Juan Lagares fouled six away with 2 strikes to work a leadoff walk from Scherzer in the 5th. A 2-out walk to Harvey raised Mets hopes, but Eric Young swung through a high heater for Scherzer’s 9th strikeout. The 32-pitch inning ran his count to 97 in just 5 frames.
Andy Dirks broke Harvey’s run with a leadoff single in the 6th, his 3rd hit of the game, but Matt got the next three on just 7 pitches; 86 pitches through 6 innings makes him good for at one more round, maybe two if his spot doesn’t come up.
Daniel Murphy’s line single to left starts the home 6th. Marlon Byrd fanned on 2-and-2, his 3rd and Max’s 10th. Now Ike Davis, who reached in his first two trips; he takes a 2-0 change for strike one, tailing back over the plate, then ropes a fastball off the RF wall, putting two in scoring position for Wilmer Flores. Murphy couldn’t tell straight off that it was over Dirks’s head, and a quick hop back to Andy held Murph at 3rd. Scherzer at 109 pitches, and the long man’s been warming up all inning. Flores whiffed and bounced to 2nd, before, but he walks on four wide ones, nothing close, as Max seems to be aiming. Now Lagares again, and he’s quickly down 0-2 on knee-high fastballs, Scherzer cutting loose again. The slider misses, but a tailing-up-and-in fastball gets Lagares swinging. John Buck pops up the first pitch, and Scherzer has escaped. (New York won’t threaten again.)
Danger inning for Harvey, now — top of the order, and the emotional letdown of the wasted chance. Infante strokes a 1-out hit, and here’s That Man Again. Miggy’s 1 for 3 — single, groundout, 3-pitch whiff. No one warming for the Mets, as Terry Collins hopes to pinch-hit for Harvey in the bottom half. But Cabrera punches a 1-1 pitch through the middle, the career-high 11th hit off Harvey, and on 1-0, Fielder slaps it past Flores at 3rd. Infante is waved on, but Eric Young makes his best throw of the year, a one-hop strike to Buck, and Omar’s dead on arrival. Cabrera stayed at 2nd, which is key when Matt Tuiasosopo’s hard grounder beats Davis into RF; Byrd gets it in quickly, and the hobbled Miggy holds. That’s four straight hits, and Harvey’s day is done: 13 hits (11 singles), no walks, 4 Ks, 102 pitches, 70 strikes.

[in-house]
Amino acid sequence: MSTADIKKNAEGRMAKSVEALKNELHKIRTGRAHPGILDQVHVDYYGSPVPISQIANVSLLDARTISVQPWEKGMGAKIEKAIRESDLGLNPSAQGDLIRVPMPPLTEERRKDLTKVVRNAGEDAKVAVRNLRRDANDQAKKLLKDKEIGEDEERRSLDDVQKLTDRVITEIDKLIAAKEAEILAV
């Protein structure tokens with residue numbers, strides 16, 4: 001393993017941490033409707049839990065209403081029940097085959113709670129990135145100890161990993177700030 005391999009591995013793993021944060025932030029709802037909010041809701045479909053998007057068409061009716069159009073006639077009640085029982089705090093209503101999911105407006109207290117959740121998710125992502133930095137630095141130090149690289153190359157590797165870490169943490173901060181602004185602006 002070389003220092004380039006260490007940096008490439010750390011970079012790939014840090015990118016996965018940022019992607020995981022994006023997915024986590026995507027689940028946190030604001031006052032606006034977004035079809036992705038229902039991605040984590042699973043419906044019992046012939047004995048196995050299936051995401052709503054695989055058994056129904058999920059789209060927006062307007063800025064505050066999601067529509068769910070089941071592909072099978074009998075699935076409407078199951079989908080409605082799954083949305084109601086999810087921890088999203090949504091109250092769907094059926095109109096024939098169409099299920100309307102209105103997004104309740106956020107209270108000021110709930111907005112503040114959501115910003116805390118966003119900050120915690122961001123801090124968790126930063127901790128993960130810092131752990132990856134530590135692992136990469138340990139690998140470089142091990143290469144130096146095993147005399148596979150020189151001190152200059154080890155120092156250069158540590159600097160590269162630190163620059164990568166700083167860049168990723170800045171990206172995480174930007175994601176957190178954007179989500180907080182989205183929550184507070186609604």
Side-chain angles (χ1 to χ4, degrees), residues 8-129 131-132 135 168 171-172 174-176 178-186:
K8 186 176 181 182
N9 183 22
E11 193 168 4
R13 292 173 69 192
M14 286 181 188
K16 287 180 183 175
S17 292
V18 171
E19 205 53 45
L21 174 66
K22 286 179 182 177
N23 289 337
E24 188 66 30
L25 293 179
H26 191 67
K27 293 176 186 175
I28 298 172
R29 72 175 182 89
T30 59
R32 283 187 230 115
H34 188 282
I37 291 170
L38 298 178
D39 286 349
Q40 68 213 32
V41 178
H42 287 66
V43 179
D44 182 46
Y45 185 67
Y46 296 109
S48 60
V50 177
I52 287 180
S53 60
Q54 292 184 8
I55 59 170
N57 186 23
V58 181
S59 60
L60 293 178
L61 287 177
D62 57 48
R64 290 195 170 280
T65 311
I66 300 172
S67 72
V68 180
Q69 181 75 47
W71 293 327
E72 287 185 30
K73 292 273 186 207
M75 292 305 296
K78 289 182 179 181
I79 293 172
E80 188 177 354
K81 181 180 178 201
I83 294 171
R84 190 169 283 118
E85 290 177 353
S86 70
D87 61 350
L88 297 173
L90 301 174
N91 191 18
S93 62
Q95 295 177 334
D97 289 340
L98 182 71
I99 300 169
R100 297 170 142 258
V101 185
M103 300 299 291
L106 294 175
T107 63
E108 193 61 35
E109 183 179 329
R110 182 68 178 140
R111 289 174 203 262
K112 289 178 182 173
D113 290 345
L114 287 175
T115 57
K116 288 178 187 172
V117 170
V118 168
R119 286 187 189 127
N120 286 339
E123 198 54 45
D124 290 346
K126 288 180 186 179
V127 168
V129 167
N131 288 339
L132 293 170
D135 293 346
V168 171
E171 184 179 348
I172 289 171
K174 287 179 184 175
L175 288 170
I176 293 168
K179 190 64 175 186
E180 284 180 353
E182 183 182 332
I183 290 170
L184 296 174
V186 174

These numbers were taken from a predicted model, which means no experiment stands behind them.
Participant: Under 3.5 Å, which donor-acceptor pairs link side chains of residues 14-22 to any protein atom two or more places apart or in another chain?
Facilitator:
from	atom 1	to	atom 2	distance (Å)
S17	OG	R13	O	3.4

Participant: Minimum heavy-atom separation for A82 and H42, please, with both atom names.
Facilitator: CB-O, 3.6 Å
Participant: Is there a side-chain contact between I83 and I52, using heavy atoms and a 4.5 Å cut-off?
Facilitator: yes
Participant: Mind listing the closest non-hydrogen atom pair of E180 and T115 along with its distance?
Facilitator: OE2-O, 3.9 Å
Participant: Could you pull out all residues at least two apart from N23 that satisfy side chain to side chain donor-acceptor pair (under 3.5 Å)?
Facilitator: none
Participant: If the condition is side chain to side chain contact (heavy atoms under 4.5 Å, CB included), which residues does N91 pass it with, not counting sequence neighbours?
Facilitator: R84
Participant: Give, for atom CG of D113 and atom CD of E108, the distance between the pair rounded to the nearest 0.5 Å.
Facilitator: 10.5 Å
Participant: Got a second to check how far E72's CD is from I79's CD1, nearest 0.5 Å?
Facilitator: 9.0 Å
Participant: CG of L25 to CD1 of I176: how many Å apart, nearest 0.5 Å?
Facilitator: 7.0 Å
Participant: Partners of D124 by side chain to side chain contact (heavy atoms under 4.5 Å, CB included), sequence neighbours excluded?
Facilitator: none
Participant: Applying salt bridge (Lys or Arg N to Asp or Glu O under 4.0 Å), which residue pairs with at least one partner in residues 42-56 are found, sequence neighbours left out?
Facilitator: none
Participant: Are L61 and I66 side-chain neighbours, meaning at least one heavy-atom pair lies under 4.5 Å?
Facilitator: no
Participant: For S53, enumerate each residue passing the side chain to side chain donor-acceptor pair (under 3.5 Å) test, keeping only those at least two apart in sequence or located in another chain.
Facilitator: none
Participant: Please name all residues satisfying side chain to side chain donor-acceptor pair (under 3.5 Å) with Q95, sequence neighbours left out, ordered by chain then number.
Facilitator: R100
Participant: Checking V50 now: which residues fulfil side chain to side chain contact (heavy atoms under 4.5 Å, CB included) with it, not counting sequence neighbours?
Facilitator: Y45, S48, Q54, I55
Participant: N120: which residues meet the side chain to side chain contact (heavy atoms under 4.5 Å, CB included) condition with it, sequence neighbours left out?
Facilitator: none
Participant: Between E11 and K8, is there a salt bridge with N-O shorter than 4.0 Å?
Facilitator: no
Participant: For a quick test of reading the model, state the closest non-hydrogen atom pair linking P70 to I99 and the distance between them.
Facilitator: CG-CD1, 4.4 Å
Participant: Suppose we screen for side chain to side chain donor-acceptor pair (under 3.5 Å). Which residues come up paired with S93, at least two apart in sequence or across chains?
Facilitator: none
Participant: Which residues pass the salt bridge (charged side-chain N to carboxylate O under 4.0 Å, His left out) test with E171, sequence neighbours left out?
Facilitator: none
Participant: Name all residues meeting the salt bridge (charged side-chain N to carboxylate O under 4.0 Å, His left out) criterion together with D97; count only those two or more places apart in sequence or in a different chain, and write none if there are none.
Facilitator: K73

Scott Rice comes in for Dirks, but Torii Hunter comes off the bench to make a wretched match-up — righties hitting .364 off Rice, and Hunter .323 vs. southpaws. His hopper nicks off Rice’s glove, right to SS Omar Quintanilla, who shovels to Murphy covering — called out! Looked wrong from here, and replay agrees, but the inning’s over.
Harvey becomes the first pitcher since 2004 to allow 13+ hits and no more than 2 runs, in just the 3rd such searchable start ever with less than 7 innings. It’s but a footnote to what looks like Harvey’s 5th loss this year (9-5, 2.27), dropping the Mets to 13-13 in his starts.
Rookie lefty Jose Alvarez comes in for a clean home 7th, two hard hits and a bang-bang 6-3 on Young. Six outs to Scherzer’s 19th win (19-1, 2.73). Max has performed superbly, but certainly not better than Harvey (soon to be 9-5, 2.27). They’re tied at 178.1 IP; Scherzer leads 198-191 in Ks, but Harvey has the BB edge, 31-42, and has allowed half as many HRs (7-14). The story is run support: With Scherzer in the game, Detroit’s averaged 6.8 runs per 9 innings (tops in MLB), 3 full runs more than Harvey gets.
Detroit finally tacks on in the 9th, against New York’s still-dicey bullpen, and Joaquin Benoit shuts the door, 17-for-17 in save tries. (Is it too late to trade for a Proven Closer? I hear Kevin Gregg can be had….)
- Please, Mets, ditch these orange home jerseys. We’re not the Orioles.